An earlier version of this article incorrectly stated that Broccolini Construction had purchased the Albert Street property from Alterna. It also stated that Manor Park Management was based in Vanier. This is a corrected version of the article.
An Ottawa builder’s revamped plan to build three mixed-use towers at a coveted downtown development site could include a supermarket, a consultant who worked on the proposal says.
Manor Park Management wants to construct three highrises – two 27-storey towers and one 10-storey building – at 400 Albert St. on the former site of Alterna Savings and Credit Union. The Alterna building was recently demolished, and the T-shaped plot of land between Bay and Lyon streets near the new Lyon Street LRT station is now serving as a temporary parking lot.
The proposed development would include 368 rental apartments and 136 extended-stay hotel suites with underground parking for 365 vehicles. It would also feature nearly 30,000 square feet of retail and commercial space “to allow flexibility to attract an urban format grocery store,” according to a consultant’s report recently filed with the city.
Dennis Jacobs, a consultant with Momentum Planning and Communications who wrote the application, said the developer is in talks with “a couple of grocery chains” about securing a 15,000- to 20,000-square-foot supermarket for the 27-storey tower on the corner of Lyon and Slater streets. However, he added no deal has been struck yet.
"We’ve got a good project and an exciting one for the downtown (core)."
“I think we’re very confident that we’ve got a good project and an exciting one for the downtown (core),” he said.
The Albert Street property has been slated for redevelopment for several years. Broccolini Construction initially expressed interest in rebuilding the site in 2015, proposing a single 27-storey tower to replace the two-storey credit union building.
Council approved that plan, which called for 300 rental apartments and street-level commercial space, in late 2015, but the proposal ultimately fell through. Manor Park came up with the revised and expanded redevelopment plan after acquiring the 1.2-acre site from Alterna early last year.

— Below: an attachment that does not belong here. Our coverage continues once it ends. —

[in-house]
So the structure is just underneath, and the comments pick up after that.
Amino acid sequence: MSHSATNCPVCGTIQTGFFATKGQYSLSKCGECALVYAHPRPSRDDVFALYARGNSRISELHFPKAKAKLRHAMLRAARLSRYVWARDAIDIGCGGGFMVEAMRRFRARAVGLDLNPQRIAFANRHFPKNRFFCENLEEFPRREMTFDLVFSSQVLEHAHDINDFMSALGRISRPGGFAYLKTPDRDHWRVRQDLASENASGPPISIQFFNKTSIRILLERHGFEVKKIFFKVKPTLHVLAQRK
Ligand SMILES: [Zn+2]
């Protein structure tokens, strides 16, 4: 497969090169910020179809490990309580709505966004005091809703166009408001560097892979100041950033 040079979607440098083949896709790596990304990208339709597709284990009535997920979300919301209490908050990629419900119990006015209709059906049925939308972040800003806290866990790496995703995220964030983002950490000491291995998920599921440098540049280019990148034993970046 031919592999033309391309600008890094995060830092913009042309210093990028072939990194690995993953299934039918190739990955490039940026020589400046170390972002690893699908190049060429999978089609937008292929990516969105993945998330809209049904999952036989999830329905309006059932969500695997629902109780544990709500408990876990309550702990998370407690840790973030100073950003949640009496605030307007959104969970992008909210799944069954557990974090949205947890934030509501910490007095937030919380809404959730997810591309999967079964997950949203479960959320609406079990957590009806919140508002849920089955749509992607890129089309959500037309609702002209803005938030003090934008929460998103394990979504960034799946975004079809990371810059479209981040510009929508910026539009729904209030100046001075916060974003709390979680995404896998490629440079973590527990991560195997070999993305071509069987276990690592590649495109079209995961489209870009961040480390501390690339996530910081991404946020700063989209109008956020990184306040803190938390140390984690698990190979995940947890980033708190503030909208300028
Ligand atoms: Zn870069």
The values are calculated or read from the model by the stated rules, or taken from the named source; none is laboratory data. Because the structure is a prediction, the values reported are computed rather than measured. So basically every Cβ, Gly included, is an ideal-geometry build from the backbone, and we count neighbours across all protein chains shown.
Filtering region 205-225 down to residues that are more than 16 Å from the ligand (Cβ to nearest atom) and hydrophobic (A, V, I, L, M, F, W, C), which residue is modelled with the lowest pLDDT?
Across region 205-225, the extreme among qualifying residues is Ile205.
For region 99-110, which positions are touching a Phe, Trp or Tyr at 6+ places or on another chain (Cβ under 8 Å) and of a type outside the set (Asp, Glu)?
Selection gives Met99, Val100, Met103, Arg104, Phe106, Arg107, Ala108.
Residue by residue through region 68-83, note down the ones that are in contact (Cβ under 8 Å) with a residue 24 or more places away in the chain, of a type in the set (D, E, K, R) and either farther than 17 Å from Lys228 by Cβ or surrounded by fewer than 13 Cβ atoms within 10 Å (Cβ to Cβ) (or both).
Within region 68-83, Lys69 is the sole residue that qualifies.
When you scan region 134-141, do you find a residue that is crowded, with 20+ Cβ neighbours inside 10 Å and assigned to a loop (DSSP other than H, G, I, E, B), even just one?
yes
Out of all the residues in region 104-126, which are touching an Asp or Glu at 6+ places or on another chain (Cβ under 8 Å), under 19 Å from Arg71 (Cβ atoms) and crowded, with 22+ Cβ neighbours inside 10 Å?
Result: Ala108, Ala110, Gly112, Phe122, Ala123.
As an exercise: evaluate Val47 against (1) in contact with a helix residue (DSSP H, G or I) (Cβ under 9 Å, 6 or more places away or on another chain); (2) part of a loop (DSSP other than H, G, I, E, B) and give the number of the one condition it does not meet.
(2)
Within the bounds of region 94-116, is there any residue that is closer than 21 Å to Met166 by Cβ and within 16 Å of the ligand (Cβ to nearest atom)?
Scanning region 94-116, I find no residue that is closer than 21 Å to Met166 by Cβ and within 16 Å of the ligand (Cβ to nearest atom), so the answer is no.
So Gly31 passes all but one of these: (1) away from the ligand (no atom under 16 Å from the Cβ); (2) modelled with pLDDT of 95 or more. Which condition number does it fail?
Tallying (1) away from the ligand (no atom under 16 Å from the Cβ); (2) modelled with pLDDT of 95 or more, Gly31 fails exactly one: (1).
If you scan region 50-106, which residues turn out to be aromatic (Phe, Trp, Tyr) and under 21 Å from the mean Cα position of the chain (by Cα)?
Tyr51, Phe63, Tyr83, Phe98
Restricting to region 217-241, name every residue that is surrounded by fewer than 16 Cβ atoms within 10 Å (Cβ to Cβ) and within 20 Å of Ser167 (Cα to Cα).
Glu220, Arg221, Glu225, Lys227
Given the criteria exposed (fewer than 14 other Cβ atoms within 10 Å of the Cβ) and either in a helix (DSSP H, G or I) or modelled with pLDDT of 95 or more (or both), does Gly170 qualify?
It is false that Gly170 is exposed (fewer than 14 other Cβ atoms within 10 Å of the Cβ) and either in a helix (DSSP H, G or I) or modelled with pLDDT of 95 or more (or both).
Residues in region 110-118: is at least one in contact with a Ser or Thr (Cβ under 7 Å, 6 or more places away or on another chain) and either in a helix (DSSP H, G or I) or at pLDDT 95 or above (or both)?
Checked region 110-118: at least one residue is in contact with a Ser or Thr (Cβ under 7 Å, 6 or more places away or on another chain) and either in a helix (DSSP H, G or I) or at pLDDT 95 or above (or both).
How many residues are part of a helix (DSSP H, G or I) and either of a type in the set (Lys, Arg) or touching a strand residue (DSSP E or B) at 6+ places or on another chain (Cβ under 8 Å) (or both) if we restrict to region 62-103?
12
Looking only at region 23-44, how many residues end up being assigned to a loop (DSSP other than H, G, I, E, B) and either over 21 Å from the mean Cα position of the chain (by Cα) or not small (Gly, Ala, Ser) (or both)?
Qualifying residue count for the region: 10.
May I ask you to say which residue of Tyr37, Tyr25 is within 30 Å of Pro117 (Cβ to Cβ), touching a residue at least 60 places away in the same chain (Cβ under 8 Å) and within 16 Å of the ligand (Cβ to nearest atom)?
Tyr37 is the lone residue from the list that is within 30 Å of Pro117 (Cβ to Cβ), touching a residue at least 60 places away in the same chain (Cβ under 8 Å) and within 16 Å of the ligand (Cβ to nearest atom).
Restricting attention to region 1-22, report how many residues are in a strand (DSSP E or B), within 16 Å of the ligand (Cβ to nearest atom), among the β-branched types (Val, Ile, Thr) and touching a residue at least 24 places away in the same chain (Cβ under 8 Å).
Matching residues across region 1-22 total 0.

The new plan will require the property to be rezoned for a hotel as well as additional height. Mr. Jacobs said if the proposal is approved, the developer hopes to begin construction next year.
The project will likely proceed in two phases, he said, with the first 27-storey tower and the 10-storey building being targeted for completion in 2020. The total cost of the proposal has yet to be determined, Mr. Jacobs said.
Local firm Woodman Architect & Associates is designing the buildings.
The smaller tower, which fronts on Albert Street, will house the 77,000-square-foot extended-stay hotel. Mr. Jacobs said no agreement on branding for the hotel has been reached.
Rental housing needed, councillor says
Somerset Coun. Catherine McKenney, who represents the ward, said she has spoken to the developer about the potential of making a supermarket a cornerstone of the retail component, adding she’s “cautiously optimistic” a new food store will be part of the plan.
Right now, the closest supermarket is at the corner of Bank and Somerset streets, about a kilometre away.
"As we get more people living here, more families living downtown, it just makes perfect sense."
“People want it, I want to see it, it’s an amenity that we need in this part of downtown,” said Ms. McKenney, who pushed for a supermarket to be included in Broccolini's original plan. “It is a food desert. Also, from a business point of view, as we get more people living here, more families living downtown, it just makes perfect sense.”
She said the development would also help address the chronic shortage of rental apartment units in Centretown.
“We need more purpose-built rentals, a gap that this is meant to fill,” she said. “We need housing that suits everyone’s needs in the downtown (core) – all the way from single-family homes to condos to rentals to more affordable housing and obviously some social housing as well. I am encouraged by that.”
If the development gets the go-ahead, it would be Manor Park’s second major project downtown. The Ottawa-based property management firm recently broke ground on a 182-unit Holiday Inn at the corner of King Edward Avenue and St. Patrick Street that will likely open in about 18 months.